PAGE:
Mass action during meetings is a counterpoint to the speeches. At every meeting I attended, people began to shout "¡Hora!" (Time!) when it had gone on too long, or when the important matters had been discussed and they wanted to go home. The leaders usually heed this call once it is no longer a few isolated individuals, unless they have something very important that has not yet been discussed. Any business left over is either postponed until the next meeting or dealt with very quickly, because people usually have to stay to the end of meetings to collect the token that certifies their attendance. One good example of democracy by numbers in this sense happened in a meeting where it seemed to me that the prevailing opinion in terms of the spoken debate was that there should be an election for a new directorio. People criticised the general secretary's vitalicismo and there appeared to be a sizeable group who wanted to replace her. She defended her position, saying that she needed to stay in order to steer the association through a court case it was involved in with a rival association. The debate proceed until the point where a decision on whether or not to have an election that meeting was imminent, at which time large groups of affiliates simply stood up and left, thus giving a very clear and effective indication that they did not want an election, whatever the conclusions of the spoken discussions. At supper after the meeting, the general secretary said that it was only a few trouble makers who wanted her out, while the majority supported her, something borne out more by the physical dynamic of the meeting than by the spoken debate.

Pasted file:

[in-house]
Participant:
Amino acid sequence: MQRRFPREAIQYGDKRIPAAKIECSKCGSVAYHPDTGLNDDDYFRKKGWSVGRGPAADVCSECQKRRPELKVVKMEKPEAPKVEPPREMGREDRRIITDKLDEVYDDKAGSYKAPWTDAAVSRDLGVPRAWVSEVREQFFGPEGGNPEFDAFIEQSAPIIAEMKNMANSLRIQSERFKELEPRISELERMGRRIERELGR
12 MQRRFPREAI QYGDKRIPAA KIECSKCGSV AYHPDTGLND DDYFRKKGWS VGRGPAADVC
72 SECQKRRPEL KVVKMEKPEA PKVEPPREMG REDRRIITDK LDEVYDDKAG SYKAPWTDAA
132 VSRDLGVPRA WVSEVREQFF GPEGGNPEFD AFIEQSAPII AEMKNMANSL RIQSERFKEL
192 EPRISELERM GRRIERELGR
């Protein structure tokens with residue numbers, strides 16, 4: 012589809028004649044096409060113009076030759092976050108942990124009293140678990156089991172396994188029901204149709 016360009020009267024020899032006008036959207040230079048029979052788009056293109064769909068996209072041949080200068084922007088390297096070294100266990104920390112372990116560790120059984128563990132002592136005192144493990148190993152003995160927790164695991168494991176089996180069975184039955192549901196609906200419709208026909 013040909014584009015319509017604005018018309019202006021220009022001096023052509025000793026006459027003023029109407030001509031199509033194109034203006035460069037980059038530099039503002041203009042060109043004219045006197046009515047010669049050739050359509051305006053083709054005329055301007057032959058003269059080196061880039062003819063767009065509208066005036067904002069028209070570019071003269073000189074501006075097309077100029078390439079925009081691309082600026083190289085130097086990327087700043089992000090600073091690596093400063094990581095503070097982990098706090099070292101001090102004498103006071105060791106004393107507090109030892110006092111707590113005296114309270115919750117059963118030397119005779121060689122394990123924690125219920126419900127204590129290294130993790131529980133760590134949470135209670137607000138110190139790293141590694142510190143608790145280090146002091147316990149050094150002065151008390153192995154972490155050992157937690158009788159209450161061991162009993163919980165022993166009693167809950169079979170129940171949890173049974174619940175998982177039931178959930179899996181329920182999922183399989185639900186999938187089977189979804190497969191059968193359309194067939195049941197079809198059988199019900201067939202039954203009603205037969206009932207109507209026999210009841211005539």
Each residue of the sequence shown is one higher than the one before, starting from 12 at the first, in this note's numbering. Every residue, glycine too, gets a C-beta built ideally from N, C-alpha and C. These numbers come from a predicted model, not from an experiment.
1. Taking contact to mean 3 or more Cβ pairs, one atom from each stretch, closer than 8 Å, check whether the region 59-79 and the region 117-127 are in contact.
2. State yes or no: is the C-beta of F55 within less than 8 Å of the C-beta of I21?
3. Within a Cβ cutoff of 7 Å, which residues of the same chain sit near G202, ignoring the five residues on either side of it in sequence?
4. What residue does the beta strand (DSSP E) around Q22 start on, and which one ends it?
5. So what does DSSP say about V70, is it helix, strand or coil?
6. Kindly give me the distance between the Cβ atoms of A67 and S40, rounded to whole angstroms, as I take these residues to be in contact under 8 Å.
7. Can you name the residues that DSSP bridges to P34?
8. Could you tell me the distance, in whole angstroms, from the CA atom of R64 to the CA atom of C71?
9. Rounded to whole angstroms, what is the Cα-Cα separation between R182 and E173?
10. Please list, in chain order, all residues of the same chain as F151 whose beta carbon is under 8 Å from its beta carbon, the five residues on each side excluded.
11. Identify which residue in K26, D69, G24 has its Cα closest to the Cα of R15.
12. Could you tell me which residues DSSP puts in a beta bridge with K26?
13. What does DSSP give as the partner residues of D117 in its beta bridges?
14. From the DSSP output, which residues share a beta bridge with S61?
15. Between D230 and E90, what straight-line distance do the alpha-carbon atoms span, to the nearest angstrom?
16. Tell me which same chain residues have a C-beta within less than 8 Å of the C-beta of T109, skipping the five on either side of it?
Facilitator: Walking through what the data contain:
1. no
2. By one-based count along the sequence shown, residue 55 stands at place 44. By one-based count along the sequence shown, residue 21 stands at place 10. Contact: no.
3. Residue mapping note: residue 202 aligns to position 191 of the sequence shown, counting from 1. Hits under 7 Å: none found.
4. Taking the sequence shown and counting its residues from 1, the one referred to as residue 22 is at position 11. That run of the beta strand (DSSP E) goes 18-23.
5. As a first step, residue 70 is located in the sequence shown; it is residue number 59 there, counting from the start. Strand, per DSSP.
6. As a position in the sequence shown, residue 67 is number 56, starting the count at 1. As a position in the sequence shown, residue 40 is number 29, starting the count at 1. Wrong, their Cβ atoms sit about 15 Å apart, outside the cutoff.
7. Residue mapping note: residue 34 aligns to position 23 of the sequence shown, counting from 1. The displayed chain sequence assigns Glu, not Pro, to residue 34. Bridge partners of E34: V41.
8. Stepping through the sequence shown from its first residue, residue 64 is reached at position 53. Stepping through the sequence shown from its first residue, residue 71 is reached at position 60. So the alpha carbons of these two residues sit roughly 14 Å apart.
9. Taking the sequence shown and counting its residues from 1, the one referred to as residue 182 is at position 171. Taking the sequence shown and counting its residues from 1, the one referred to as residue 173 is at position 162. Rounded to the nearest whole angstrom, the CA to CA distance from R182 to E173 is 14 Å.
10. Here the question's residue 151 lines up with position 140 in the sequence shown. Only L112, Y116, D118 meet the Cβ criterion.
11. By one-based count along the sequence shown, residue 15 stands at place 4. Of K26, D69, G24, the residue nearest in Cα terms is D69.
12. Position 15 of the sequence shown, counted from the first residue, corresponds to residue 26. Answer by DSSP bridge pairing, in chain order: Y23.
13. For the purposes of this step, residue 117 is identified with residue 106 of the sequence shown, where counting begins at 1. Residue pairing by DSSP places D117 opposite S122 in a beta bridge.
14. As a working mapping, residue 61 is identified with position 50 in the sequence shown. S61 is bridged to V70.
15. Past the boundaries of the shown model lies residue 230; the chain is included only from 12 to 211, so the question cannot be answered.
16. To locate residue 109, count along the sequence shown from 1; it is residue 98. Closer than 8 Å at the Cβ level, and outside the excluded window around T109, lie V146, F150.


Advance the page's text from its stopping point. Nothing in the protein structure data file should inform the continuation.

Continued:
The balance between public speech-making and this physical dynamic is gendered. Women do speak formally less than men but play a greater role in the encouragement of mass action. They form the bulk of the members of an association and have a keen understanding of how that group acts politically in a physical sense. When someone says something with which they disagree, individual women may speak out publicly, but others will make comments to their neighbors, and it is possible to get a sense of their view from the tone of those conversations. They are also not afraid of shouting out “iHora!" if they want to leave. As always, it would be foolish to overplay the extent of gender equality in the street traders associations, as it is men who dominate the leadership and the formal spheres of decision making. Outside of such spaces, though, women play very important roles in the politics of the associations on a day-to-day level as well as during extraordinary events. Largely by being the ones selling the produce they know what is going on in the marketplace and are the ones involved in the daily conflicts among affiliates and between affiliates and the local government. They are also often thought to be more radical politically and less corrupt than most of the men, and they make those views known.